rewrite

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Related to rewrites: rewrites history

rewrite history

1. To create a false narrative about how a historical event happened so as to promote one's own personal agenda or beliefs. The government is being accused of rewriting history by instructing schools to use textbooks that paint its formation 200 years ago (and the subsequent decimation of the indigenous population here) in a more positive light.
2. To achieve a level of success that sets a new record or goes against a history of performing poorly. Used especially in reference to sports. After missing out on the playoffs for nearly 50 years in a row, the team has been on a huge winning streak this season, and it has a chance to rewrite history by not only making the playoffs, but winning the whole championship. The up-and-coming player is rewriting history with his stunning debut year on the field.
See also: history, rewrite

rewrite the history books

1. To create a false narrative about how a historical event happened so as to promote one's own personal agenda or beliefs. The government is being accused of rewriting the history books by instructing schools to use textbooks that paint its formation 200 years ago (and the subsequent decimation of the indigenous population here) in a more positive light.
2. To achieve a level of success that sets a new record or goes against a history of performing poorly. Used especially in reference to sports. After missing out on the playoffs for nearly 50 years in a row, the team has been on a huge winning streak this season, and it has a chance to rewrite the history books by not only making the playoffs, but winning the whole championship. The up-and-coming player is rewriting the history books with his stunning debut year on the field.
See also: book, history, rewrite

rewrite the record books

To achieve a level of success that sets a new record or goes against a history of performing poorly. Used especially in reference to sports. After missing out on the playoffs for nearly 50 years in a row, the team has been on a huge winning streak this season, and it has a chance to rewrite the record books by not only making the playoffs, but winning the whole championship. The up-and-coming player is rewriting the record books with his stunning debut year on the field.
See also: book, record, rewrite
Farlex Dictionary of Idioms. © 2015 Farlex, Inc, all rights reserved.

rewrite history

If someone rewrites history, they try to make people believe that something happened in a particular way, when that is not the truth. They were good at rewriting history when such a process suited them. As Orwell pointed out, history can be and often is rewritten to suit the needs of the present. Note: This expression is used to express disapproval.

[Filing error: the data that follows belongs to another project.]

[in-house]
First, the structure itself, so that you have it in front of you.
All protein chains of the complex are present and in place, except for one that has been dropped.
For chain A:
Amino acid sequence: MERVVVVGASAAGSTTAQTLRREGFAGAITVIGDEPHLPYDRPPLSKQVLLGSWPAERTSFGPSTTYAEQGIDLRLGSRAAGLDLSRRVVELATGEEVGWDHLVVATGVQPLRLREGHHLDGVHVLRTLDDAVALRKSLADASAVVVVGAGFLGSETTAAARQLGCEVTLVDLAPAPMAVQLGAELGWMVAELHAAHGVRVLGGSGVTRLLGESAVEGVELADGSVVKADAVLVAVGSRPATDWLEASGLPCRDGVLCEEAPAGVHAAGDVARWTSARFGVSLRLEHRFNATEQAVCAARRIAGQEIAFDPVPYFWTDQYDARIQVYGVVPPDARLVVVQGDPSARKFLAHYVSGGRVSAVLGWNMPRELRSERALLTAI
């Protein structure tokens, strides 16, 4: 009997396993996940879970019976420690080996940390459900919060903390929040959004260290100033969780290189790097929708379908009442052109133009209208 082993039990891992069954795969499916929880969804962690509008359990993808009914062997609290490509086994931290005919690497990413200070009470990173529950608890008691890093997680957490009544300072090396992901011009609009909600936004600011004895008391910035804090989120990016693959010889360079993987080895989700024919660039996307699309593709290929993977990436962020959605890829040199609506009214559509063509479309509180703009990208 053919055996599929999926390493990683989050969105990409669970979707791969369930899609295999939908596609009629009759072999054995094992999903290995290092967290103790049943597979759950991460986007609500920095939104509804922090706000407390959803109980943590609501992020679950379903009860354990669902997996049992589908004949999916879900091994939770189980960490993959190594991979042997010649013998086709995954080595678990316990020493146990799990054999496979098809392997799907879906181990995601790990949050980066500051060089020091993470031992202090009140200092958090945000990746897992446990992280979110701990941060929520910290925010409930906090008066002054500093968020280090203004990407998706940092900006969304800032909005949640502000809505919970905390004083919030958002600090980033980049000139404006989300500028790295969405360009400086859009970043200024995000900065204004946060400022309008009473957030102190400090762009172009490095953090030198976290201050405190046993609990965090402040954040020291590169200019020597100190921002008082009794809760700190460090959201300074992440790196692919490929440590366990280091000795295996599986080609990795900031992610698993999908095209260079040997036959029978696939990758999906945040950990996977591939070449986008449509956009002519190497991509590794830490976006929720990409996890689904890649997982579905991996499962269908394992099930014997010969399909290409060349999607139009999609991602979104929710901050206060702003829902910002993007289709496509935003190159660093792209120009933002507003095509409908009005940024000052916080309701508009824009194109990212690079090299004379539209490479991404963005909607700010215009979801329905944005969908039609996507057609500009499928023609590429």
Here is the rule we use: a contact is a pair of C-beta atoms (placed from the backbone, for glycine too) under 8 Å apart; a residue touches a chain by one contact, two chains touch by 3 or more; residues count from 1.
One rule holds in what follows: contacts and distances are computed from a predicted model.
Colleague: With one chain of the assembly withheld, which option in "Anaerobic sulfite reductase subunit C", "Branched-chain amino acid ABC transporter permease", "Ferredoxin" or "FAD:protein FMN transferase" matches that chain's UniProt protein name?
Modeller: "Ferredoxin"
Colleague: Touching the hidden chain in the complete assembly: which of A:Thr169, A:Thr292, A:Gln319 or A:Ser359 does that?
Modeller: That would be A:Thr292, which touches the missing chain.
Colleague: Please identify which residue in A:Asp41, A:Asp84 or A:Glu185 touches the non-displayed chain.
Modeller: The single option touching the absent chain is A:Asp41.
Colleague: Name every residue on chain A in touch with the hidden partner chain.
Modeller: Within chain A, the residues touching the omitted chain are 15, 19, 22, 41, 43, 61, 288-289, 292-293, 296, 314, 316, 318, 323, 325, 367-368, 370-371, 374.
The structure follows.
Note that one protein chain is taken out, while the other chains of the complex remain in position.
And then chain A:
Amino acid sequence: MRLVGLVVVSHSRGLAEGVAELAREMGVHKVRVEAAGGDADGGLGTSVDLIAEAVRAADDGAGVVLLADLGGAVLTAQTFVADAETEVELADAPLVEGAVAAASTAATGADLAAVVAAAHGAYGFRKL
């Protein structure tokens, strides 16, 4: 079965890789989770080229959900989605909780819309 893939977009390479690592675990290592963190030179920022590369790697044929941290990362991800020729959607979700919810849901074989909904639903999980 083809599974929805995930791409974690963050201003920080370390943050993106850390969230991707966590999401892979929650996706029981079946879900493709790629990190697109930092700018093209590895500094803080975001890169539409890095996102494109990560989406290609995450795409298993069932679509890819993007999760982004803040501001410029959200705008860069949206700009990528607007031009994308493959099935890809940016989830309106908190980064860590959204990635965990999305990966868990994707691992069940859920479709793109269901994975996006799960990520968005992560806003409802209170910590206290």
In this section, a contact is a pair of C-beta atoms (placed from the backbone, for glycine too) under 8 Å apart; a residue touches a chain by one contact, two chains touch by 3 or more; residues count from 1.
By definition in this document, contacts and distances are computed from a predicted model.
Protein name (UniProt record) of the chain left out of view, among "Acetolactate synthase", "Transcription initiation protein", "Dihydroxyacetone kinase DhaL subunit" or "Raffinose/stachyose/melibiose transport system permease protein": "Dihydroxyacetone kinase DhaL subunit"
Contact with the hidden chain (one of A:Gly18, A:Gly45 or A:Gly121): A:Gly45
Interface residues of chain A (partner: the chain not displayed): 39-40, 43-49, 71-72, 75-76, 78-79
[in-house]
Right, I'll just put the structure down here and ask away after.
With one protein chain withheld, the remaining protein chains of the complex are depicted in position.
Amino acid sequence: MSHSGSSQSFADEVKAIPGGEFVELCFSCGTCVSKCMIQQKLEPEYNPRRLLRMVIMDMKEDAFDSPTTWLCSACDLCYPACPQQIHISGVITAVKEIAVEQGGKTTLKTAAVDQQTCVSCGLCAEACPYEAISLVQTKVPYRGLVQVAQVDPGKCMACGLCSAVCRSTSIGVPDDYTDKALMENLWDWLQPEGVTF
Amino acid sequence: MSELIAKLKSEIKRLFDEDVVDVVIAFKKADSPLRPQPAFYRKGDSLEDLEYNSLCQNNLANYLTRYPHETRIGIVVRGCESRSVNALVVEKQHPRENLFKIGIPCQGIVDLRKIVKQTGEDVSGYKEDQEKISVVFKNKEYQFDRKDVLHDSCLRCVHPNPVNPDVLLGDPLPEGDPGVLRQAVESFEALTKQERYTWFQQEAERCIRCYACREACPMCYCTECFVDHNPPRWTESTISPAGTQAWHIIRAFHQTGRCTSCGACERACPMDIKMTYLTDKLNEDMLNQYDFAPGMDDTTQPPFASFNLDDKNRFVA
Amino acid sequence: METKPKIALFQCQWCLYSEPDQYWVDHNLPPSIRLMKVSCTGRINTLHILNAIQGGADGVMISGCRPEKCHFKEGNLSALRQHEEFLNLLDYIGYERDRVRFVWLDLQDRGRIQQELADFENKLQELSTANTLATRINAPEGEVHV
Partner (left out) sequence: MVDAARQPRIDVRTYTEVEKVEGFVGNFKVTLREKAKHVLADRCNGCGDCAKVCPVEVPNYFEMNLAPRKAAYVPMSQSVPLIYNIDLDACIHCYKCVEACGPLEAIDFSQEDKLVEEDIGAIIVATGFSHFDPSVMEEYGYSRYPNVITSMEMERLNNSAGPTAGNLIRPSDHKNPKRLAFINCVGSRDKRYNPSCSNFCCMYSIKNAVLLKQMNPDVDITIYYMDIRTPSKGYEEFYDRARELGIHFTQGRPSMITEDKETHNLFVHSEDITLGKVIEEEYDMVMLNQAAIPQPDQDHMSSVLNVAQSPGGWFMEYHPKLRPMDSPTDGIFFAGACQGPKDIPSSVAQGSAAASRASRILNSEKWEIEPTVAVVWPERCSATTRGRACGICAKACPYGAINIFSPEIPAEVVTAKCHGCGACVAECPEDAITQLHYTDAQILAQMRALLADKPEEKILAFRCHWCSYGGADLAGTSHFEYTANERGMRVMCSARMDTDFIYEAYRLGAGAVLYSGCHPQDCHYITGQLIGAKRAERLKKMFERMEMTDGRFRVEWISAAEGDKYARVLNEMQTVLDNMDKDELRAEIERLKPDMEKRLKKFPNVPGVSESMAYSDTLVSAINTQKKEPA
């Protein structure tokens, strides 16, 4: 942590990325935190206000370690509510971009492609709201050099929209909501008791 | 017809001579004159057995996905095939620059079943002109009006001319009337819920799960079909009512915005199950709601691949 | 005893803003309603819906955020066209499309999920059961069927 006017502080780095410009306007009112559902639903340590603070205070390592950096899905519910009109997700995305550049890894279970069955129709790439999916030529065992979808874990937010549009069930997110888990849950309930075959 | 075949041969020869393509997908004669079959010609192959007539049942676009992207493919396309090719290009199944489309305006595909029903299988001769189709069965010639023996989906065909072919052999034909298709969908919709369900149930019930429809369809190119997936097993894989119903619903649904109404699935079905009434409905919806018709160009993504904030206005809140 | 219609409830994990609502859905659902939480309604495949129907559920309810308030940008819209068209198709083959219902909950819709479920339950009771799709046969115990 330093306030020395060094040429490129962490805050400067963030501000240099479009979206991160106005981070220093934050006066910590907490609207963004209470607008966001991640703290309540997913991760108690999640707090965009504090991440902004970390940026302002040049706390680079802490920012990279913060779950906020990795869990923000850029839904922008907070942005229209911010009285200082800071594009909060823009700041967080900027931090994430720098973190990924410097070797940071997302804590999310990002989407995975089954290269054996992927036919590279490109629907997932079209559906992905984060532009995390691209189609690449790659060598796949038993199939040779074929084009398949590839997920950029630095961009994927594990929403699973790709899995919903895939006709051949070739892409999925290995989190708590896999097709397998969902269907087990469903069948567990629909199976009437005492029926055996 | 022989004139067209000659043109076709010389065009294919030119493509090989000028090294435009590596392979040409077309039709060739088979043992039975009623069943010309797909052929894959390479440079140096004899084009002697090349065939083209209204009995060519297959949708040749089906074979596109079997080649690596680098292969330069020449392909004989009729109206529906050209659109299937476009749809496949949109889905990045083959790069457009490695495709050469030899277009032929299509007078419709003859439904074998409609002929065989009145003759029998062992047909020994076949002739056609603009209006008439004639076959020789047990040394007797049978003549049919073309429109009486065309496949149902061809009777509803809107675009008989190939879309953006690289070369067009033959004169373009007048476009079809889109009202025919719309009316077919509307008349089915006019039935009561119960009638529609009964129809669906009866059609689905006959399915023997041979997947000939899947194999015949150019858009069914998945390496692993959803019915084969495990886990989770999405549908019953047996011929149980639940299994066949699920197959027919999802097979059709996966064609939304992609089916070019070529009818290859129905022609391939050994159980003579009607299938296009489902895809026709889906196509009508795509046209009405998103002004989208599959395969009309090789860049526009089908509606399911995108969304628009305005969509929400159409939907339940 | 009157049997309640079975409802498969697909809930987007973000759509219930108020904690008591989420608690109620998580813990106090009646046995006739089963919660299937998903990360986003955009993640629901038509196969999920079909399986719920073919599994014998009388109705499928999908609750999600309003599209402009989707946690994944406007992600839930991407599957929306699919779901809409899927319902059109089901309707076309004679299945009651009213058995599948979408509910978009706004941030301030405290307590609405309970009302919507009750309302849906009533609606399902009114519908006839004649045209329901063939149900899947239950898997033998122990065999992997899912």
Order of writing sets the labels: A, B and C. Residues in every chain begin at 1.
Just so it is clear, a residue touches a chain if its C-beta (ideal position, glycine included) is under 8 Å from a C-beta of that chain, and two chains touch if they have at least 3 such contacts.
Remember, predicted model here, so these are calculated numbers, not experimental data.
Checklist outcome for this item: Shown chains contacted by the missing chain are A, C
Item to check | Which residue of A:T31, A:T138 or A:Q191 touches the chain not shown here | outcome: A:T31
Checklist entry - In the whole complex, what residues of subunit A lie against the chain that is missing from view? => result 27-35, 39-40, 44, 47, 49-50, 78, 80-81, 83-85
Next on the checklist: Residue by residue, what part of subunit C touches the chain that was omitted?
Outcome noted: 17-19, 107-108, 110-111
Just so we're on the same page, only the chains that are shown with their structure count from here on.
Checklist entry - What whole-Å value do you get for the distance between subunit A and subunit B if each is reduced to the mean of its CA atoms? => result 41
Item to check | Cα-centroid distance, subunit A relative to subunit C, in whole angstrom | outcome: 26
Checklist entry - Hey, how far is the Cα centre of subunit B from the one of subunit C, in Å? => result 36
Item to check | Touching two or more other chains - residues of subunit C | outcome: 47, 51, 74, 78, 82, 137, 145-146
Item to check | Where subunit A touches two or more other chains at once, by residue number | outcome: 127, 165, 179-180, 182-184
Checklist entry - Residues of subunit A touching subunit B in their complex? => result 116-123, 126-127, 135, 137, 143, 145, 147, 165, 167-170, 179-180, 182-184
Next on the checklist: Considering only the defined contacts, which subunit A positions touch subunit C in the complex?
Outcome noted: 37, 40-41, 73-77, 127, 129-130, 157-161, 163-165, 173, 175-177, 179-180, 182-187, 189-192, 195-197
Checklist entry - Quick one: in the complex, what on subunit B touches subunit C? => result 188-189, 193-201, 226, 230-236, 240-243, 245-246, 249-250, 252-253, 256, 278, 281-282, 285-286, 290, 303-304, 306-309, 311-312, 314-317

See also: history, rewrite

rewrite the record books

If a sportsperson rewrites the record books, they break a record or several records. This extraordinary West Country team have rewritten all the record books in the past three years. Kournikova is poised to rewrite the tennis history books.
See also: book, record, rewrite
Collins COBUILD Idioms Dictionary, 3rd ed. © HarperCollins Publishers 2012

rewrite history

select or interpret events from the past in a way that suits your own particular purposes.
See also: history, rewrite

rewrite the record books

(of a sports player) break a record or several records.
See also: book, record, rewrite
Farlex Partner Idioms Dictionary © Farlex 2017
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References in periodicals archive ?
In 1994, the WGA persuaded the companies to identify in a scribe's deal memo the person authorized to request rewrites, but that didn't solve the problem in the guild's eyes.
While Petrie was WGA West president in 1999, he said in a member newsletter that free rewrites had evolved from members doing a "favor" for producers into a scenario in which writers became expected to work for free.
Rewrite gigs are a gold mine for the top tier of scribes, but for many other writers, a twist on an old motto rings true: Will work for free.
And one veteran scribe says the notion that a writer will "just say no" to a free rewrite is naive at best.
Both wanted to protect themselves and their characters, and demanded more rewrites. Finally, production was set, it was crunch time, and the obligatory numerous last-minute changes were needed, even after filming had started.
Meyer's office also repeatedly asked Horton's for rewrites. "They don't come right out and tell you what they want," says another former analyst.
It illustrates his insight into how time shapes the necessary plurality of our best textual encounters, the poly-vectorial play of meanings both compelling us to return to texts and enabling us to rewrite them.
The stakes of rewriting's capacity to transform are most obvious in Narrative Innovation, which argues the norm-breaking revisionary strategies of postmodern fiction effectively rewrite and transform Manichean cultural polarities characteristic of the Cold War.
Sony, HP, and Teac offer SCSI and IDE/ATAPI drives (Teac offers a USB version too), but none can rewrite faster than 4X and, until recently, only SCSI drives could push rewrite speeds up even to 4X.
Many of the observations on Tasso's early poem, such as the note on how he rewrites the poetic tradition into which his use of Rinaldo inserts himself (103-05), return in the discussion of the Liberata.
Practitioner and teacher Lazarus (Stigmata, etc.) strongly believes the more you rewrite, the better the finished script will be, and the more likely it will be read and sold.
Meanwhile, CEOs will need to rewrite the rules of their industry--before someone else does.
* If you don't rewrite the rules, someone else will